Technical Comments

Comment on “Late Pleistocene human skeleton and mtDNA link Paleoamericans and modern Native Americans”

See allHide authors and affiliations

Science  20 Feb 2015:
Vol. 347, Issue 6224, pp. 835
DOI: 10.1126/science.1260617

Abstract

Chatters et al. (Reports, 16 May 2014, p. 750) reported the retrieval of DNA sequences from a 12,000- to 13,000-year-old human tooth discovered in an underwater cave in Mexico’s Yucatan peninsula. They propose that this ancient human individual’s mitochondrial DNA (mtDNA) belongs to haplogroup D1. However, our analysis of postmortem damage patterns finds no evidence for an ancient origin of these sequences.

Until recently, evidence of long-term DNA preservation has largely been confined to remains from temperate climate zones or the permafrost. The study of Chatters et al. (1) appeared almost simultaneously with another report of ancient DNA preservation in the tropics by Gutiérrez-García et al. (2), who amplified and sequenced short fragments of mitochondrial DNA from Holocene and Late Pleistocene rodent jawbones excavated at a terrestrial cave also located on the Yucatan Peninsula. The sequences they retrieved differ from all living representatives of the same genus, lending credibility to their results. Chatters et al. also used polymerase chain reaction (PCR) to amplify fragments of mitochondrial DNA and obtained sequences diagnostic for human mitochondrial haplogroup D1. The authors argue that the absence of this haplogroup in the members of the excavation team and laboratory personnel excludes the possibility that these sequences derive from contemporary contamination. However, human DNA is ubiquitous, and the absence of contamination cannot be proven. For example, Native American DNA may have entered the bone through contaminated equipment or may be present in reagents used in the laboratory. Human contamination can occur sporadically and may go undetected in control reactions (3).

Fortunately, the limitations of PCR-based approaches have been overcome in recent years. By sequencing DNA libraries on high-throughput platforms, full-length molecule sequences can now be reconstructed. These sequences have revealed a characteristic accumulation of C-to-T substitutions at the 5′ end as well as G-to-A substitutions at the 3′ end of ancient DNA sequences (and variation of these patterns depending on the exact protocol used for sample preparation) (4). These substitutions are caused by deamination of cytosine to uracil in single-stranded DNA overhangs and are largely absent in sequences from younger contamination, providing a means for authenticating ancient sequences (5). The exact frequencies of damaged-induced substitutions cannot be predicted from fossil age alone (6). However, deamination is known to proceed faster at higher temperatures (7). Substitution rates in the Yucatan sample should therefore exceed the 10% or more that have been detected in remains of younger age (500 to 6000 years) preserved in the temperate climate of Middle Europe (6, 8).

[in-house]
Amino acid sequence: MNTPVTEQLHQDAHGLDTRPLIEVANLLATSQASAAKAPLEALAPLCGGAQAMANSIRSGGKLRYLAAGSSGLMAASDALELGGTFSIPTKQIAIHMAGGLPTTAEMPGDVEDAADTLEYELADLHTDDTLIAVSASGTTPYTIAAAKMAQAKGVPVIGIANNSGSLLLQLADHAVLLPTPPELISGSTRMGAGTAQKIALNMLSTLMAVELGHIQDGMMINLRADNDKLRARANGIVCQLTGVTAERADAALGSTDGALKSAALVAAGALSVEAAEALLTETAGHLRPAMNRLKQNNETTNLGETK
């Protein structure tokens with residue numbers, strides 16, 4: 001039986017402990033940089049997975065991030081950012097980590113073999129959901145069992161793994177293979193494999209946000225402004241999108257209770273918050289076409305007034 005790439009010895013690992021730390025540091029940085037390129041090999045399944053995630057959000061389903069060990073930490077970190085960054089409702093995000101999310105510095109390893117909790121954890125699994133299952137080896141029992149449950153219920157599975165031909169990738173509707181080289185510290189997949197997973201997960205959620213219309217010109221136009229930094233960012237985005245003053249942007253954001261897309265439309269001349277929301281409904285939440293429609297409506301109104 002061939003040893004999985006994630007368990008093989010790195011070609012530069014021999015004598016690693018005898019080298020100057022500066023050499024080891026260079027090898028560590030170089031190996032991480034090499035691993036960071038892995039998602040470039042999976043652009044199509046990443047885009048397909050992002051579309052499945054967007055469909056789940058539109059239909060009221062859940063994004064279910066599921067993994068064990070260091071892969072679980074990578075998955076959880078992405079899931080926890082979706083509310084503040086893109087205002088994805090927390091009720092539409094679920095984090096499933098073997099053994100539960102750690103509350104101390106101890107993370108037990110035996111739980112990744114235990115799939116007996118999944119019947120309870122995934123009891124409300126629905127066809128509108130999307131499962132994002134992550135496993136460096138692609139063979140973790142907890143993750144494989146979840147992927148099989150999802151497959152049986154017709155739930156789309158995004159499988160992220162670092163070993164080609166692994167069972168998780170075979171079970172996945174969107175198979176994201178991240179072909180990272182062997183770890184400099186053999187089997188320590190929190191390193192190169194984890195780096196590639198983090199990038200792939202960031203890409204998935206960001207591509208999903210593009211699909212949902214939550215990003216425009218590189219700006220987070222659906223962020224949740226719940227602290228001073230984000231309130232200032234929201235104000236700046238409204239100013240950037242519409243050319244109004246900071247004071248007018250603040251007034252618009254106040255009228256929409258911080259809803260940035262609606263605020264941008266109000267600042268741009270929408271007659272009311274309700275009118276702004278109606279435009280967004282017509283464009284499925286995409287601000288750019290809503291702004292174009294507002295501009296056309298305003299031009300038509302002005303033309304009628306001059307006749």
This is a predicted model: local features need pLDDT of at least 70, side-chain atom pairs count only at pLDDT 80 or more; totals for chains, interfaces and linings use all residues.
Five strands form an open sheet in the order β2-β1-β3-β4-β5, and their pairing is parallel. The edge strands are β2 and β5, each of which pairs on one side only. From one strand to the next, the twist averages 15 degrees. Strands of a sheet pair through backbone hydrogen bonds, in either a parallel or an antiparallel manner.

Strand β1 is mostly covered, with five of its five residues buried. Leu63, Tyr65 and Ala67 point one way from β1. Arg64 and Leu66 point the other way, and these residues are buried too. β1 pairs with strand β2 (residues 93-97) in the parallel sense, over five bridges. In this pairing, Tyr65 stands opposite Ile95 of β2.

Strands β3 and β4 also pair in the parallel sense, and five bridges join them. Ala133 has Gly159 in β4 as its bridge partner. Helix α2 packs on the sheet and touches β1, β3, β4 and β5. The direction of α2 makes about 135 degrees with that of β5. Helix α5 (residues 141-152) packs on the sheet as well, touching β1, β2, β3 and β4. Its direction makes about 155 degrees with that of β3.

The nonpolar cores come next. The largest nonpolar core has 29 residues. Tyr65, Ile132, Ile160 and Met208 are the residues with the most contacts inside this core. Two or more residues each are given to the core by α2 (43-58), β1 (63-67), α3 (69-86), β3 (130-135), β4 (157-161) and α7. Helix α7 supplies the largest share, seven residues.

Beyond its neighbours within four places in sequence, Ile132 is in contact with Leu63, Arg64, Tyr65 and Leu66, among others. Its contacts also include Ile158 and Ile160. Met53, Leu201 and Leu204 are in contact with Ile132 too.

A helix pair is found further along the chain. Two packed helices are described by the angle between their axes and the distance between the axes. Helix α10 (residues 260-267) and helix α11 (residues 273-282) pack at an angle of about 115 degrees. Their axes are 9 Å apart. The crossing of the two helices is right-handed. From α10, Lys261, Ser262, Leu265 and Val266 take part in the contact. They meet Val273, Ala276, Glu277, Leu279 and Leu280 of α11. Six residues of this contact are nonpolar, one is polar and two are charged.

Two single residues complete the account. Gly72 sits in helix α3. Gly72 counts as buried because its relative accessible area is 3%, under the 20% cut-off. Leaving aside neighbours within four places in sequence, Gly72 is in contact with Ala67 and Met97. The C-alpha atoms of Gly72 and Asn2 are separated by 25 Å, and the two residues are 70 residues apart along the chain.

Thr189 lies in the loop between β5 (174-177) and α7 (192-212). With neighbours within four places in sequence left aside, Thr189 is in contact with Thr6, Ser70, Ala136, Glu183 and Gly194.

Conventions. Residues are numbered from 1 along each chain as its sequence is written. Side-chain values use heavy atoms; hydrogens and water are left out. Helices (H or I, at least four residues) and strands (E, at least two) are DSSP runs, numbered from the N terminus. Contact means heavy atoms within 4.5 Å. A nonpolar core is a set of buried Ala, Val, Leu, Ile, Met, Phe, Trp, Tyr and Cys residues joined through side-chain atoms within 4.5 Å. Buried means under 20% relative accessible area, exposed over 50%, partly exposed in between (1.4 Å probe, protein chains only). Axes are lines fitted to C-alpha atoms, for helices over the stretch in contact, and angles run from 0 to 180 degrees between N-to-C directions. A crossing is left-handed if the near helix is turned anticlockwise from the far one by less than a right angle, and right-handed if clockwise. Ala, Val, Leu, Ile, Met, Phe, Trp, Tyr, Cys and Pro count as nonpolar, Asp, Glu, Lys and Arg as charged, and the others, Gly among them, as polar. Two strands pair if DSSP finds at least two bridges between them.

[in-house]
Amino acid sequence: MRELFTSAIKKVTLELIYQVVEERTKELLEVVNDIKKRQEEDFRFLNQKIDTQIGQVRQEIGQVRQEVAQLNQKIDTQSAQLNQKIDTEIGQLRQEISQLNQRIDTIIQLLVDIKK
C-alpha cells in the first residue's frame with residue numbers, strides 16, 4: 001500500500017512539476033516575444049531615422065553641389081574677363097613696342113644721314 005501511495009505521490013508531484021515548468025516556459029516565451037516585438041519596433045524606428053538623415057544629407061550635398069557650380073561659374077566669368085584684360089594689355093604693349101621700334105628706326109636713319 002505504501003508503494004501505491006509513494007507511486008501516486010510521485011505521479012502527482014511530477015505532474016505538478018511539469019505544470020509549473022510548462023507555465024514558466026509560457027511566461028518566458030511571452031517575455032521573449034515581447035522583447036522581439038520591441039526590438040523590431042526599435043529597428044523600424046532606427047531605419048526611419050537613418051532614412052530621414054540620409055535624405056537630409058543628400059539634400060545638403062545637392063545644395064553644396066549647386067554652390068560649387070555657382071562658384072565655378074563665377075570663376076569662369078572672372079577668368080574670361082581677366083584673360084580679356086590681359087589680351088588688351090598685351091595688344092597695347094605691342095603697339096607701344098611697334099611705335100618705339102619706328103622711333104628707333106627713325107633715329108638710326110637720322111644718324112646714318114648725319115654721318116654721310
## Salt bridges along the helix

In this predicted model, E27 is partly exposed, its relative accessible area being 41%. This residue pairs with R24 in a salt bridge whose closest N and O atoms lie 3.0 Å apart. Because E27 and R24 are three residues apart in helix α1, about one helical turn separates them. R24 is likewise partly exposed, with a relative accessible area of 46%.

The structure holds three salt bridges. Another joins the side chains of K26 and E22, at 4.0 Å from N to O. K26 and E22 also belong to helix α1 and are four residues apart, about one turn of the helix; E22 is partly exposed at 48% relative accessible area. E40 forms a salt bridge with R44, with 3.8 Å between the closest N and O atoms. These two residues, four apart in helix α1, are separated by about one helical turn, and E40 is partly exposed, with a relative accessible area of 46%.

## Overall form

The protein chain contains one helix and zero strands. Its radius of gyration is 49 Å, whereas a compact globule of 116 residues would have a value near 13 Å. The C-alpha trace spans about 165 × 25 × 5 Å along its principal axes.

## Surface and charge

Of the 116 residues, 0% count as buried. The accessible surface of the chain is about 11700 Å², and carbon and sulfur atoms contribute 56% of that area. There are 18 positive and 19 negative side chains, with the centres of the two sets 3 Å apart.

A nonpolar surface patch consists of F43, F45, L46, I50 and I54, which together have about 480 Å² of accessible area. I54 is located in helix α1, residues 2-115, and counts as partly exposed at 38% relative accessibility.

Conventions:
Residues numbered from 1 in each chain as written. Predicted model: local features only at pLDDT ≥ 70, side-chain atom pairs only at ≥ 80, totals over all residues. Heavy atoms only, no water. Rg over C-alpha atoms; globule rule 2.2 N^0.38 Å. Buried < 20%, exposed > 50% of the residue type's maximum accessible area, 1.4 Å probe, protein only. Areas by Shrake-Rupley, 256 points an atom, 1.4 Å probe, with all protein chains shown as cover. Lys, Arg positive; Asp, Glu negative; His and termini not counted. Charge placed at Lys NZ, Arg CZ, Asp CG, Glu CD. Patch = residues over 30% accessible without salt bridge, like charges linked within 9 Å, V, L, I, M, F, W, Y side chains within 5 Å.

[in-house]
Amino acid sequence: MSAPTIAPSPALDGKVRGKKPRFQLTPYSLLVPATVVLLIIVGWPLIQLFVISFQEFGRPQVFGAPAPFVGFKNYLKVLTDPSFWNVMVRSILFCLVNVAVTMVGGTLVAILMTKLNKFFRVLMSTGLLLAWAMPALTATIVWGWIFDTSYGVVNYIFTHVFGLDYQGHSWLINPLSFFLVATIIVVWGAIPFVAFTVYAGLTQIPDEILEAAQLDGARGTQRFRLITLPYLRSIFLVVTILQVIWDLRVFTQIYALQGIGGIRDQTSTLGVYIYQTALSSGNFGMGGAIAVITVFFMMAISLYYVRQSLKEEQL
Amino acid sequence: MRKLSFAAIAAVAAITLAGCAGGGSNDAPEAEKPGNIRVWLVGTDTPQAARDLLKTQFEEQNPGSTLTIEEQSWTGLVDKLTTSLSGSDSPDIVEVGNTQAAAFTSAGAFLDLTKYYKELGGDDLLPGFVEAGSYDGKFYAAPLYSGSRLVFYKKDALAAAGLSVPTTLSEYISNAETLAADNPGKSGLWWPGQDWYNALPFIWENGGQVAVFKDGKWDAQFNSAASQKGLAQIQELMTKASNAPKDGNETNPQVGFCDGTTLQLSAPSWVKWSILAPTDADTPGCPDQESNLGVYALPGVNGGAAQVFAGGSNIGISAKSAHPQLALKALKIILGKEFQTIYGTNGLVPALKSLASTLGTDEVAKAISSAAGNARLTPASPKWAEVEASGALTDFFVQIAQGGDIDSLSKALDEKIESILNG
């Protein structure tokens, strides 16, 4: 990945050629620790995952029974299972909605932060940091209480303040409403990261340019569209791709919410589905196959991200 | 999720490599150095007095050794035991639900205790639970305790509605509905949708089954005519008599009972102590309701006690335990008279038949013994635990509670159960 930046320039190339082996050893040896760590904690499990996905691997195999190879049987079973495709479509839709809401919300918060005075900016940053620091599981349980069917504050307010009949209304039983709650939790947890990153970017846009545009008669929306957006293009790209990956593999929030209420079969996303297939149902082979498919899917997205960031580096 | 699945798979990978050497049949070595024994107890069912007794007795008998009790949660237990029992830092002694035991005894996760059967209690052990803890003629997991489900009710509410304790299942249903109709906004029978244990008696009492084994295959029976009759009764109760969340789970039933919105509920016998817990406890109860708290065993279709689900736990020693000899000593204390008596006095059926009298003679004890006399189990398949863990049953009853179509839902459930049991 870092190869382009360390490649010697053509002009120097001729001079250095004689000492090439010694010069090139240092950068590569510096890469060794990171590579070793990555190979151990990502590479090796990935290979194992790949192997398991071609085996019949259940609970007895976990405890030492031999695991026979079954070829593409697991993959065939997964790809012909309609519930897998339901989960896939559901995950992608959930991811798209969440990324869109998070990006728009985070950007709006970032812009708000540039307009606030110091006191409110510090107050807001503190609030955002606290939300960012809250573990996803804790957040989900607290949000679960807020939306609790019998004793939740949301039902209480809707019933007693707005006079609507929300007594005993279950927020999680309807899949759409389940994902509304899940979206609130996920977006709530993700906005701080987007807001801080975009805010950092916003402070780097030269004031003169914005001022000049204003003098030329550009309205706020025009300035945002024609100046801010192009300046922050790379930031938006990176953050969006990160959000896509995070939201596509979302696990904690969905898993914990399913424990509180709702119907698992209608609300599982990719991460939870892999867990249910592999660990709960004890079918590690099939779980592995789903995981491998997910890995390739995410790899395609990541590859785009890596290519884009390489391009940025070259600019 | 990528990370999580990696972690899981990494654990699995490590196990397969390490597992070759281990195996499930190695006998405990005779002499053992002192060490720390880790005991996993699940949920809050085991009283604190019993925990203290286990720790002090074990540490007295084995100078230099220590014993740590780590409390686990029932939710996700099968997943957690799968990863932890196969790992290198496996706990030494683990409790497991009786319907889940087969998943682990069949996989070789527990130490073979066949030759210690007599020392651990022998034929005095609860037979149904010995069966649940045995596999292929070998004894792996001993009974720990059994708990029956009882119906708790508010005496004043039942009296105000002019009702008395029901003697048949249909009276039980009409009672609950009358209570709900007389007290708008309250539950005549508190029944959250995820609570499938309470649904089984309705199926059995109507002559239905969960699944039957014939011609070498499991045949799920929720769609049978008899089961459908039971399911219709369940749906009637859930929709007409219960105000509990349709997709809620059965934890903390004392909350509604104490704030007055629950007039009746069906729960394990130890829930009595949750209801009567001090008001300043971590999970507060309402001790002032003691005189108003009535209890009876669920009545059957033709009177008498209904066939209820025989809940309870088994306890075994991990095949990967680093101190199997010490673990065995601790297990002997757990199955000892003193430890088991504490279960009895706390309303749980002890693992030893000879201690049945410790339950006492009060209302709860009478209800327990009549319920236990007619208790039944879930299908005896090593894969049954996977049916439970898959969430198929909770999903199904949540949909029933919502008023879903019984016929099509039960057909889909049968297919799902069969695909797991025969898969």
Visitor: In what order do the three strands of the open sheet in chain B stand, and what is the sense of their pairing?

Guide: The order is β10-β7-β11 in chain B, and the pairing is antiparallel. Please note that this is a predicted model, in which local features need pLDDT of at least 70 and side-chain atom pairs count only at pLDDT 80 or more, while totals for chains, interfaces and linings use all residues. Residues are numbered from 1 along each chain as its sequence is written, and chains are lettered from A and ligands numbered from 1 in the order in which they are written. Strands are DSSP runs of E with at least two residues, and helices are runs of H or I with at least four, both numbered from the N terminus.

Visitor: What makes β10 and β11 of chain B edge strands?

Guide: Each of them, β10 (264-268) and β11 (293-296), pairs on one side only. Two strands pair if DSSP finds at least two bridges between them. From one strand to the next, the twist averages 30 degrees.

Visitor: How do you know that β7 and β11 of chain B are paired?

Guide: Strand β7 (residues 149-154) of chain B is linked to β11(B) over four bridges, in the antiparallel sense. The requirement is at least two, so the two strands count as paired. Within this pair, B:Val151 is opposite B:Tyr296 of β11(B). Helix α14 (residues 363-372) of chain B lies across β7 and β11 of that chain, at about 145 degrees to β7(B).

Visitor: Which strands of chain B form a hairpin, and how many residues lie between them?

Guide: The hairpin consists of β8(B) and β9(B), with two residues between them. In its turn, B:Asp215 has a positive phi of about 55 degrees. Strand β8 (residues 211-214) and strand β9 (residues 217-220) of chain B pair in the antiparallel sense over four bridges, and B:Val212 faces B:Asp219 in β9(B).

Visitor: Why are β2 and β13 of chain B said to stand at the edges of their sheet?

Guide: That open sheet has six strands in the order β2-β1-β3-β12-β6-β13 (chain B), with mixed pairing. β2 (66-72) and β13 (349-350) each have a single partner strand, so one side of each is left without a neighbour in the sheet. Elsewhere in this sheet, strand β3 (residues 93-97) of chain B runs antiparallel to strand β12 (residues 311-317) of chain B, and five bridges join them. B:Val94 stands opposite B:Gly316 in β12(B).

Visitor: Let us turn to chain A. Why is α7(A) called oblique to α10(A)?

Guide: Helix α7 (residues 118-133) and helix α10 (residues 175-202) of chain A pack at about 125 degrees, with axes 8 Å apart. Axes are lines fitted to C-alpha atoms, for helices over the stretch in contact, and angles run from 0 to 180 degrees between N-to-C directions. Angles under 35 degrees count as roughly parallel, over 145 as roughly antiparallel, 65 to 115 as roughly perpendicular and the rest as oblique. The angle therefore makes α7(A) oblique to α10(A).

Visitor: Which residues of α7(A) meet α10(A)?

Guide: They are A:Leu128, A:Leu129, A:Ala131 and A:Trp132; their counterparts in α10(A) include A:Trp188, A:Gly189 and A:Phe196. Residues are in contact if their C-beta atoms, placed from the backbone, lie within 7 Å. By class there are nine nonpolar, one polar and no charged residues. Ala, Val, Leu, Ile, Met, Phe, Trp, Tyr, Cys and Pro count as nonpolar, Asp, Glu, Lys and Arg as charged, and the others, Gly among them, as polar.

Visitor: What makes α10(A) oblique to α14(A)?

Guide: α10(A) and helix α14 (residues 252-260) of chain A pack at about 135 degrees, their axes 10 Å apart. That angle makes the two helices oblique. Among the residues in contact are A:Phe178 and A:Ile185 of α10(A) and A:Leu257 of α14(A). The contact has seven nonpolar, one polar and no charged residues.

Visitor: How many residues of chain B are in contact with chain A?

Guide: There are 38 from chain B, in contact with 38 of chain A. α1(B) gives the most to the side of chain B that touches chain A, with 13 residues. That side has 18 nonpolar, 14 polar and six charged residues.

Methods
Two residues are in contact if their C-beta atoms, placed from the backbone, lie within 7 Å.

Surprisingly, even though the authors of the paper have generated some additional data using library-based techniques and high-throughput sequencing, they did not report any analysis of DNA damage patterns in their article. Upon our request, the authors made the primary data of their mitochondrial enrichments and sequencing experiment available (SRR1312068). After downloading the data, we trimmed sequencing adaptors [using AdapterRemoval (9)], aligned the reads to the revised Cambridge mitochondrial reference genome with the Burrows-Wheeler Alignment tool (10) [(“ancient” parameters (11)], and merged reads with identical start and end coordinates to remove PCR duplicates (using “bam-rmdup,” available at https://github.com/udo-stenzel/biohazard). Counting all differences to the reference genome along the sequences (Fig. 1A), we detect an increase of G-to-A substitutions toward the 3′ end and a smaller and more irregular pattern of C-to-T changes at the 5′ end of the sequences. These patterns are consistent with the presence of authentic ancient DNA. The depression of 5′ C-to-T substitutions can be explained by the use of a polymerase for library amplification that cannot copy across uracils (note that G-to-A substitutions arise through fill-in of uracil-containing 5′ overhangs during library preparation with a polymerase that bypasses uracils (4)).